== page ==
Louise Halford and Robin Charrot set up Evolve Family Law in 2015. They both have many years of city centre family legal experience in large commercial firms and wanted to offer an alternative: solicitors who listen and guide, who are not hide bound by big firm procedures, who are approachable and accessible and who are specialist enough to know the law and their stuff but aren’t divorce divas.
Parental substance misuse is an extremely serious issue and it is not uncommon for one parent to allege that the other parent has a drug or alcohol issue when a couple splits up. Why? Well sometimes the parental substance misuse, be it drugs or alcohol, is mentioned in passing as ‘no big deal’ with an acknowledgement that the parent is great with the kids. In other families, there is a genuine concern for the children as the parental substance misuse has gone beyond recreational use and was the reason behind the relationship breakdown. Finally, sometimes allegations are made that are untrue as a means to stop contact or the alcohol or drug use is blown out of all proportion to the reality as a justification to stop the children seeing the other parent.
The issue of drug and alcohol testing in divorce and children cases has hit the headlines with reports in the Daily Mail that James Stunt allegedly provided false samples for drug testing during his divorce from Petra Ecclestone in an attempt to disproof accusations of parental substance misuse.
If one parent uses drugs or alcohol it can have an impact on their ability to look after their children or impact on how much time they should spend with the children. Many parents, despite the trauma of a split, are able to sort out child care and contact arrangements with the help of a solicitor, mediator or therapist, working around the parental substance misuse.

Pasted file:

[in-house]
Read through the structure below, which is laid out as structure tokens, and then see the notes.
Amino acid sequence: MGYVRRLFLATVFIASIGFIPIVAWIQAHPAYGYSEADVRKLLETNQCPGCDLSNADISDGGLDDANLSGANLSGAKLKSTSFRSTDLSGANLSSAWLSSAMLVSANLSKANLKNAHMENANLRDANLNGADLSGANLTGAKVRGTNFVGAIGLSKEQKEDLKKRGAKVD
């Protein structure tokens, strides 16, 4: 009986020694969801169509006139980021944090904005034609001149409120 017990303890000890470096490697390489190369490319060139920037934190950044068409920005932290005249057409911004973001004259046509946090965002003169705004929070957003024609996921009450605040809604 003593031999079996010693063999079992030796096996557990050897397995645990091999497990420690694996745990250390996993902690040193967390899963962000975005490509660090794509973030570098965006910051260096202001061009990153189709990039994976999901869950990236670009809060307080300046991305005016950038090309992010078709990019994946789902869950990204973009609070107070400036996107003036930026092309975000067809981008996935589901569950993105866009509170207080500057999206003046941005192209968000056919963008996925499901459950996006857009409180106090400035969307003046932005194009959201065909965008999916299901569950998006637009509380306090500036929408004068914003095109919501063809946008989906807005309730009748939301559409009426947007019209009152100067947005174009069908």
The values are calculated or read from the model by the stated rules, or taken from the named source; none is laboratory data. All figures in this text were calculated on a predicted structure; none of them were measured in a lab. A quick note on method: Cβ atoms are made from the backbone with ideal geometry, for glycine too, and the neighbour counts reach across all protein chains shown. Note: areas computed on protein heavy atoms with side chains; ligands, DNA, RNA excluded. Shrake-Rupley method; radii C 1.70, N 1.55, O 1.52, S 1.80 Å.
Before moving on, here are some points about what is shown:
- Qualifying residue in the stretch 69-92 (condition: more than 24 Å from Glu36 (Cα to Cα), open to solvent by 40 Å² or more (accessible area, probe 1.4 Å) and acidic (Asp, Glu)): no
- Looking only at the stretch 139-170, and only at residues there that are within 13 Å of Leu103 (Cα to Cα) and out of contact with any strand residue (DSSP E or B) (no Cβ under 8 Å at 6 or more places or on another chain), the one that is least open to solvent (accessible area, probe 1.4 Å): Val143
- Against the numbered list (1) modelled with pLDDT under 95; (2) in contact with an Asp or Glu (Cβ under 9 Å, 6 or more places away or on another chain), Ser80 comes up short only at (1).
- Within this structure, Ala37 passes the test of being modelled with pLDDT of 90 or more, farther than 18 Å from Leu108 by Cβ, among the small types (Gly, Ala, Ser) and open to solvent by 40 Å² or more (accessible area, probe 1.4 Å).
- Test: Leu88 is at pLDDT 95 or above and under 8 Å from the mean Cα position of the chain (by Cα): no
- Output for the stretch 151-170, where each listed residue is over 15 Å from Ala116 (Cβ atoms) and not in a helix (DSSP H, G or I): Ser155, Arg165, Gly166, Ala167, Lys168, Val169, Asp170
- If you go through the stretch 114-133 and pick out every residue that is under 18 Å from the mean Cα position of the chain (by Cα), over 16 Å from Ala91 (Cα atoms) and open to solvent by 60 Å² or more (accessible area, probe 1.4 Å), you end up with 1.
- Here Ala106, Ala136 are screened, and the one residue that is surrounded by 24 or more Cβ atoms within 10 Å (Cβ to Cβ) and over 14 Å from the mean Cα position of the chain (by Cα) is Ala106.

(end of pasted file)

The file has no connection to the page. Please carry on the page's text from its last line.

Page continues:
As an example of parental substance misuse, if a mum of teenage boys knows her boys want to see their dad, she can minimise the risks posed by her ex and his alcohol issues by insisting that the children aren’t driven in a car by their father and that a relative stays in Dad’s house when the boys stay over. In a different scenario with a toddler, the risks and issues may be very different.
Where drug or alcohol abuse is denied or parents can’t reach agreement on the impact, if any, the drug / alcohol use should have on the child care arrangements the parents may have to ask the Court to decide how much time the children should spend with each parent and under what conditions.
Many parents are wary about raising parental substance abuse allegations in Court proceedings or alternatively parents are worried that allegations of alcohol or drug usage will automatically be believed and will result in them losing all contact with their child. That is why it is important to get early professional advice on your options. As an example the Court may question why a parent allowed lots of unsupervised contact if there are very serious allegations of parental substance abuse or why, in a different scenario, a parent hasn’t seen their child for months, making the parent child relationship harder to repair. Sometimes it pays to take things slow and at other times it is vital that a parent pushes for contact notwithstanding the allegations of parental substance misuse.
For information or advice about children law and child care arrangements where there are allegations of drug or alcohol misuse please give me a call on +44 (0) 1477 464020 or email me at email@example.com
A heterosexual couple, Charles Keidan and Rebecca Steinfeld appealed to the Supreme Court to decide whether none same sex couples should be allowed to enter into civil partnerships.